Cumulative incidence proportions
The CIPs can be interpreted as the proportion of individuals diagnosed with a certain disorder before a given age. As a result, the CIPs are population and disorder specific and can be stratified by sex and birth year. The CIPs used here were stratified by sex and birth year to account for differences in incidences between sexes and for different birth years (cohorts). The CIPs were estimated from Danish populationbased registers. The Danish Civil Registration System^{63} was used to identify individuals and contains all 9,251,071 individuals that lived in Denmark at some point between April 2, 1968 and December 31, 2016. The Danish Civil Registration System has continually recorded information since its launch in 1968, and includes information about sex, date of birth, date of death, and date of emigration, or immigration. Each individual has a unique identifier that can be used to link information of several registers. Information on psychiatric disorders was obtained from the Danish Psychiatric Central Research Register^{64}. It contains all admissions to psychiatric inpatient facilities since 1969 and visits to outpatient psychiatric departments and emergency departments since 1995. From 1969 to 1993, the International Classification of Diseases, eighth revision (ICD8) was used as the diagnostic system. From 1994 onwards, the tenth revision (ICD10) was used. The four disorders of interest were identified by the following ICD8 and ICD10 codes: ADHD (308.01 and F90.0), autism (299.00, 299.01, 299.02, 299.03 and F84.0, F84.1, F84.5, F84.8, F84.9), depression (296.09, 296.29, 298.09, 300.49 and F32, F33), and schizophrenia (295.x9 excluding 295.79 and F20). The ageofonset was defined as the age of an individual at first contact with the psychiatric care system, either inpatient, outpatient, or emergency visits. In the analyses, each individual was followed from birth, immigration, or January 1, 1969 (whichever happened last) until death, emigration, or December 31, 2016 (whichever happened first). The cumulative incidence function was estimated separately for each sex and birth year, and the AalenJohansen approach was used with death and emigration as competing events^{65}.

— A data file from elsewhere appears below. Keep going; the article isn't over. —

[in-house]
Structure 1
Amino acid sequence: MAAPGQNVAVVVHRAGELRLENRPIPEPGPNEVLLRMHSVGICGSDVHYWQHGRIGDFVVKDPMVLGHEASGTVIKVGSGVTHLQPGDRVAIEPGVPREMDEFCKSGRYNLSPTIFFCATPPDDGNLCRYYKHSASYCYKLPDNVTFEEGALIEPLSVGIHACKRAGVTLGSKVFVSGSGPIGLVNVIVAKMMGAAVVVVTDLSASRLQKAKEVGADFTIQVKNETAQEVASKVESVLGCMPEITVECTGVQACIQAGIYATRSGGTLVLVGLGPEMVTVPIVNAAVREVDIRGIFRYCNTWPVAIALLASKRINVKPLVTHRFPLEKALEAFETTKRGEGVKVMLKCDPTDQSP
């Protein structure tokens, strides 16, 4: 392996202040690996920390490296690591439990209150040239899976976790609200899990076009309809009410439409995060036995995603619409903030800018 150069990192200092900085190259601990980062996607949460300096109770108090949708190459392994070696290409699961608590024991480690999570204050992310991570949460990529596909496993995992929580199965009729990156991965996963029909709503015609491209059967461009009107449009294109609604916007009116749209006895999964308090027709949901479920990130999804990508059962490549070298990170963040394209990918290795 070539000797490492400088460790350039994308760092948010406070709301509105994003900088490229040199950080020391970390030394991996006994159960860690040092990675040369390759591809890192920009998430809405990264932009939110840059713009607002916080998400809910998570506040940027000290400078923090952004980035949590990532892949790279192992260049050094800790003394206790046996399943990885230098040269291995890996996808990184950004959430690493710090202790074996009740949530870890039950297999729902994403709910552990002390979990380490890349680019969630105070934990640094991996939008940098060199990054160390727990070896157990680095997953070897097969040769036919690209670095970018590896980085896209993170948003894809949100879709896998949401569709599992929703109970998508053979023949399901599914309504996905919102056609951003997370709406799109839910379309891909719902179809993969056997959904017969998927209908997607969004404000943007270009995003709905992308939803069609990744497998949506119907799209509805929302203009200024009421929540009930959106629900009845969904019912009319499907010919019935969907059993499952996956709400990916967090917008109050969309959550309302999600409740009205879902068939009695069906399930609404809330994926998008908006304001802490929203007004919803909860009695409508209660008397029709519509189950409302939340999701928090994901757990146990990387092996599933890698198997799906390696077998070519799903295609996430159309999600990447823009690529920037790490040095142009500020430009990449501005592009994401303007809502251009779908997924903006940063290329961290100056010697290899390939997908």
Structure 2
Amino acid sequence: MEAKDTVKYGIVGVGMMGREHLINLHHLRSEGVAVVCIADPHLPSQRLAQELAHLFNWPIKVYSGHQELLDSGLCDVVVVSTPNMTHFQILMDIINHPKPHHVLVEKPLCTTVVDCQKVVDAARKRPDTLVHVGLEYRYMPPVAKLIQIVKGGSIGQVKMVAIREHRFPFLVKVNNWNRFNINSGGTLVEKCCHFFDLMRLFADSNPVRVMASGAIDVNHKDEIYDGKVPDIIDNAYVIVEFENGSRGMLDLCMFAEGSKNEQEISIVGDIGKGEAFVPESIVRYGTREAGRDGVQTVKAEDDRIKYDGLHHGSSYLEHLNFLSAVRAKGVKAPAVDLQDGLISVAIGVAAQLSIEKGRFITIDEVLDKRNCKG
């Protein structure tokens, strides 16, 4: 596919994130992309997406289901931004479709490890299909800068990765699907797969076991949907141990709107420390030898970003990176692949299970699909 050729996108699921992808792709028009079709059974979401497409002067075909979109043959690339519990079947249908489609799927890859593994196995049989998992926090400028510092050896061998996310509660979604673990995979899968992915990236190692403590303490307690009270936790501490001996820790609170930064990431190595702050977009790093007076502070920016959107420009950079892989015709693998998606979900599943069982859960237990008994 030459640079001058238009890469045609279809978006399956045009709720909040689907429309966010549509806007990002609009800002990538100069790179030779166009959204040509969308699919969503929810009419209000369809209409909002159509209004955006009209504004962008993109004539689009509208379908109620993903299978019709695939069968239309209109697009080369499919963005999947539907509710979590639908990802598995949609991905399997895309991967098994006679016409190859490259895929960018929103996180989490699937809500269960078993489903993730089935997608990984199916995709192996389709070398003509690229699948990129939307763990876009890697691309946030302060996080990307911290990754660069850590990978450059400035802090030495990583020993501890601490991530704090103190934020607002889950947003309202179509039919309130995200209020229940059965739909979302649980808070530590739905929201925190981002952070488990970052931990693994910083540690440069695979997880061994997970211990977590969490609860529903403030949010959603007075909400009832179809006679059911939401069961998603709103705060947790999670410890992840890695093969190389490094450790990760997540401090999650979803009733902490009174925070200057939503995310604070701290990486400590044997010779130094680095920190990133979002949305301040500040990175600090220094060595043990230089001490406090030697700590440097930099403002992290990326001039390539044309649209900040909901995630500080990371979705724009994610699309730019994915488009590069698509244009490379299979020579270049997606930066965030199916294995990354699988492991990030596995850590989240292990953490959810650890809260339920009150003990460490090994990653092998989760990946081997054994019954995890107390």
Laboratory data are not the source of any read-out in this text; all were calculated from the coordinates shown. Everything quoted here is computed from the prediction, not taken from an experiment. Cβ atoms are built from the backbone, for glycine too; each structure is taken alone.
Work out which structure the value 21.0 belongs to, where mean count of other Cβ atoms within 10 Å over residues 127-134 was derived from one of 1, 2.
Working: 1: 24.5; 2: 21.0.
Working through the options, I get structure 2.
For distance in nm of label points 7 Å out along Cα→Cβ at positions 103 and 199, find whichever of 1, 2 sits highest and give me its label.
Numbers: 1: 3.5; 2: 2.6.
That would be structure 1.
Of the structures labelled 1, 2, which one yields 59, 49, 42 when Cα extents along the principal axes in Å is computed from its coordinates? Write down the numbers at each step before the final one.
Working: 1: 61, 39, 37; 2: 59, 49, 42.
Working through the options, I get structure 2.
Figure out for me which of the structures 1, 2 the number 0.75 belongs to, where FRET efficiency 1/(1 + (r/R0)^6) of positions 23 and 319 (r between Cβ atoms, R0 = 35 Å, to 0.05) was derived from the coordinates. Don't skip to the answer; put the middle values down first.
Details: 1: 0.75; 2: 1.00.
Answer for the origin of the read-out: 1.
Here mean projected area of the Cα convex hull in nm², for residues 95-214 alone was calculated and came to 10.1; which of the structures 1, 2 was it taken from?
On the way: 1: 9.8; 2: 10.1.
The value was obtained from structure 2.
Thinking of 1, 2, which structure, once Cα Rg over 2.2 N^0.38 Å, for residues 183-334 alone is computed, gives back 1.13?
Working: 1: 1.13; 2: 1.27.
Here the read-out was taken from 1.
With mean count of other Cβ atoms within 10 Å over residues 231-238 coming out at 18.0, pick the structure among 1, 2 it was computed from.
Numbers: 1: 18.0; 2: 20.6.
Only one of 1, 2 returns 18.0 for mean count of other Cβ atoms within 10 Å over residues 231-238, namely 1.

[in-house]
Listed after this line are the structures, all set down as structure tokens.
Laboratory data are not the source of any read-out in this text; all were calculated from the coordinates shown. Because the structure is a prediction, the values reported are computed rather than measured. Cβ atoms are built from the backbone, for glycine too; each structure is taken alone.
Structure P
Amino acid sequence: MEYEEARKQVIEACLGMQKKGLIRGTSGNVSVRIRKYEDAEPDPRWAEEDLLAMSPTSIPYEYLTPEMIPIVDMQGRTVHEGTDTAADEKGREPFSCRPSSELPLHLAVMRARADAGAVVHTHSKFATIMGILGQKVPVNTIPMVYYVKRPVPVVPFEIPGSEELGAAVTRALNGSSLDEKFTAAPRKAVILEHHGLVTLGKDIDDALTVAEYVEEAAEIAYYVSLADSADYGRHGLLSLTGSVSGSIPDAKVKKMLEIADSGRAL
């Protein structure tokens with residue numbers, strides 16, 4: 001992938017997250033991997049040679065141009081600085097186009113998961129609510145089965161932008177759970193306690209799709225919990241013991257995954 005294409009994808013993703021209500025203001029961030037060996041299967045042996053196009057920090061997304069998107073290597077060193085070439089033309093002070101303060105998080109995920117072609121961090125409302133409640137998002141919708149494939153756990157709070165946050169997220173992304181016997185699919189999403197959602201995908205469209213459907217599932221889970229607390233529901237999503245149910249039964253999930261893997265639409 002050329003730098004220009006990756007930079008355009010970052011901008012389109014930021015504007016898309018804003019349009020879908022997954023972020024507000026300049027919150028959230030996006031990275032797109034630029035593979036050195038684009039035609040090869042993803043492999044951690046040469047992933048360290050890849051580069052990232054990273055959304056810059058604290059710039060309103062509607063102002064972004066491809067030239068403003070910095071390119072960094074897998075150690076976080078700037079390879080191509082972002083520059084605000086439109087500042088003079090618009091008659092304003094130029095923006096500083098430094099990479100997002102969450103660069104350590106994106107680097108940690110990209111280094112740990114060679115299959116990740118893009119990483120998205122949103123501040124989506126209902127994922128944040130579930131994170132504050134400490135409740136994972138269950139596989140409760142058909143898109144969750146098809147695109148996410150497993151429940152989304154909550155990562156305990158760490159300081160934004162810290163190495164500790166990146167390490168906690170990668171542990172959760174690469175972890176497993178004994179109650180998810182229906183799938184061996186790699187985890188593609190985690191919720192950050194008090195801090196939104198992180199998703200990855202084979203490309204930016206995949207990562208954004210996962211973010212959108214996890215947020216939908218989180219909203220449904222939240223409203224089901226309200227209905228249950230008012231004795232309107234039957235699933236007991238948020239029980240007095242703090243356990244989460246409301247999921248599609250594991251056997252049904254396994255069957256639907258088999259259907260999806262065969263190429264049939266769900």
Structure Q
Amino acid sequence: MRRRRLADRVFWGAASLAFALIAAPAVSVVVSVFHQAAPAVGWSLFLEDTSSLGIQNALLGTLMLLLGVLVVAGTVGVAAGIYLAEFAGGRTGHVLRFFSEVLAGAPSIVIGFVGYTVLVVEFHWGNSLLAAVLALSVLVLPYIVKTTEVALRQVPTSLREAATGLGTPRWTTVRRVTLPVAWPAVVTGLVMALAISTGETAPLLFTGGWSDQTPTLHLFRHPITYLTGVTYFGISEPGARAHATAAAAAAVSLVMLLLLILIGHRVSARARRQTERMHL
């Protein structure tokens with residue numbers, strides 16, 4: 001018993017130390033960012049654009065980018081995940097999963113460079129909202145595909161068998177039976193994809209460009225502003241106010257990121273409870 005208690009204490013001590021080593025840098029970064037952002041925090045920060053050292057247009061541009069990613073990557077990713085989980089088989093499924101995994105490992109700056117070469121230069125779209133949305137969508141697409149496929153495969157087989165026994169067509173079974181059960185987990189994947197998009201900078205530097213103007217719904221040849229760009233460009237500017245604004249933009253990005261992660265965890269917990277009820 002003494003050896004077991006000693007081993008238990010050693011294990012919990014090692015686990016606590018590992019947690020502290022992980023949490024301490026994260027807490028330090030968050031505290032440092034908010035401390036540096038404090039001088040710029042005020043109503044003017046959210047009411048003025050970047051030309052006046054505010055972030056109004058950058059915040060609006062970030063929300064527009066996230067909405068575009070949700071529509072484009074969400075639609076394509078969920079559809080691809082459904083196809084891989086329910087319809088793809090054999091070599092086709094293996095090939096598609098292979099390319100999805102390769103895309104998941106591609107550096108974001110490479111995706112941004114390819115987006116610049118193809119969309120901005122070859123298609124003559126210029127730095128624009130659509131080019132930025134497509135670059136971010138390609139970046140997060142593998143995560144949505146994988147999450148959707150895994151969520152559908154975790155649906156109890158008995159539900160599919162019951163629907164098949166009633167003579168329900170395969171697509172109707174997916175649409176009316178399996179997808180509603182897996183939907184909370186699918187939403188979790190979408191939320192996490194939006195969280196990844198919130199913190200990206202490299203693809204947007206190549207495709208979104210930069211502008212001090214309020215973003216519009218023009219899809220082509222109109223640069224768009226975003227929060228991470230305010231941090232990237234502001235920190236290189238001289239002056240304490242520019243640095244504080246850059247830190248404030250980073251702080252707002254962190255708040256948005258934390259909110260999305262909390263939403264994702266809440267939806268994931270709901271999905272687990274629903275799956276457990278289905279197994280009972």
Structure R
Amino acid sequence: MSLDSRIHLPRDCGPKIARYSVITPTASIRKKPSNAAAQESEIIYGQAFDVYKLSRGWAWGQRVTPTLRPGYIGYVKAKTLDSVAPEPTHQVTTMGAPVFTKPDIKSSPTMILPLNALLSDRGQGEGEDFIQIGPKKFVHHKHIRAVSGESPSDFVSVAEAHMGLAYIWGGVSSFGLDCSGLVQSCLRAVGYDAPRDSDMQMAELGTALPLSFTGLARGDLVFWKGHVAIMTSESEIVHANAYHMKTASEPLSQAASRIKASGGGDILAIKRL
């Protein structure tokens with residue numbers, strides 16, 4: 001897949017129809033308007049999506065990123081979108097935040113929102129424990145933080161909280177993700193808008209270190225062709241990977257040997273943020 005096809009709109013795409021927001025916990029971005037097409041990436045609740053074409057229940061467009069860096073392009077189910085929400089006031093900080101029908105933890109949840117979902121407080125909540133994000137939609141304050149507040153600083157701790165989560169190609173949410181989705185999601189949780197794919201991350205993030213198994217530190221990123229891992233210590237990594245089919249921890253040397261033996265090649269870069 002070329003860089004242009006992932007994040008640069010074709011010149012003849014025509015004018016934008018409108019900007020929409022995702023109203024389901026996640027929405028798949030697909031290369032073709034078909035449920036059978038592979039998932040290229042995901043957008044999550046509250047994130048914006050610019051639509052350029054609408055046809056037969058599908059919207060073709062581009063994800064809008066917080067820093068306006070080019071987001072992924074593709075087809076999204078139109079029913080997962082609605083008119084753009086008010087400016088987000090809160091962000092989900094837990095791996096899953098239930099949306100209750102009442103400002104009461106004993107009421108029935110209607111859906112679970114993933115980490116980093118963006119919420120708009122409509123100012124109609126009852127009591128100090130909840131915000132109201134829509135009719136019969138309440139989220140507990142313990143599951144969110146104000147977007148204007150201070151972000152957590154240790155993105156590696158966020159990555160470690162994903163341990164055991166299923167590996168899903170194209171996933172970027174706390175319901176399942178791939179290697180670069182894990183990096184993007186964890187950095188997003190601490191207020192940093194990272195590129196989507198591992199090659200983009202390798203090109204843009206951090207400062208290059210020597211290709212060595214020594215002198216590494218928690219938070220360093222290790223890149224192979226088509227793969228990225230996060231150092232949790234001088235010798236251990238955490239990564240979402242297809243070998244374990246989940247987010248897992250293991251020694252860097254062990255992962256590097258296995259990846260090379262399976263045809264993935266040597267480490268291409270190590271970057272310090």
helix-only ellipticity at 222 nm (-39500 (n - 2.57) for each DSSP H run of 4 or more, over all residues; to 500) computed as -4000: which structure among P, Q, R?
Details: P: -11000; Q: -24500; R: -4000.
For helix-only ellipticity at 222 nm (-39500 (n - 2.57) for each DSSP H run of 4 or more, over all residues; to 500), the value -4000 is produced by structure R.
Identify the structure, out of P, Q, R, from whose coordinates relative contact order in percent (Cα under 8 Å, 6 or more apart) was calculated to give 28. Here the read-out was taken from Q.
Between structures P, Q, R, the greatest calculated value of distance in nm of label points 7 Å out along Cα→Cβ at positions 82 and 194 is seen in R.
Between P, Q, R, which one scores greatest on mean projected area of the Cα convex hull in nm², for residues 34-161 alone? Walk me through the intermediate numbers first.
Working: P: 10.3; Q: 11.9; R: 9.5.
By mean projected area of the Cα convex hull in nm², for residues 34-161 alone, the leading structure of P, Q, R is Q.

Reporting summary
Further information on research design is available in the Nature Portfolio Reporting Summary linked to this article.
Data availability
iPSYCH is approved by the Danish Scientific Ethics Committee, the Danish Health Data Authority, the Danish Data Protection Agency, Statistics Denmark, and the Danish Neonatal Screening Biobank Steering Committee^{21}. Owing to the sensitive nature of the iPSYCH data, individual level data can only be accessed through secure servers where downloading individual level information is prohibited. International researchers may gain data access through collaboration with a Danish research institution. More information about getting access to the iPSYCH data can be obtained at https://ipsych.dk/en/aboutipsych. All datasets that can be shared are made available. The summary information from the simulations can be found in Supplementary Data 1 and at https://doi.org/10.6084/m9.figshare.22586239. The summary statistics for all performed GWAS in the project is available at the GWAS Catalog under the accession number GCP000675 at https://www.ebi.ac.uk/gwas/.
Code availability
Code used to generate simulation results, analyse iPSYCH, and generate plots and tables can be found at https://github.com/EmilMiP/ADuLTCode. LTFH++ can be found at https://github.com/EmilMiP/LTFHPlus. Both ADuLTCode and LTFHPlus are based heavily on packages such as dplyr and ggplot2 from the tidyverse packages found at https://www.tidyverse.org/. The code used to run SPACox is provided by its authors at https://github.com/WenjianBI/SPACox.
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Acknowledgements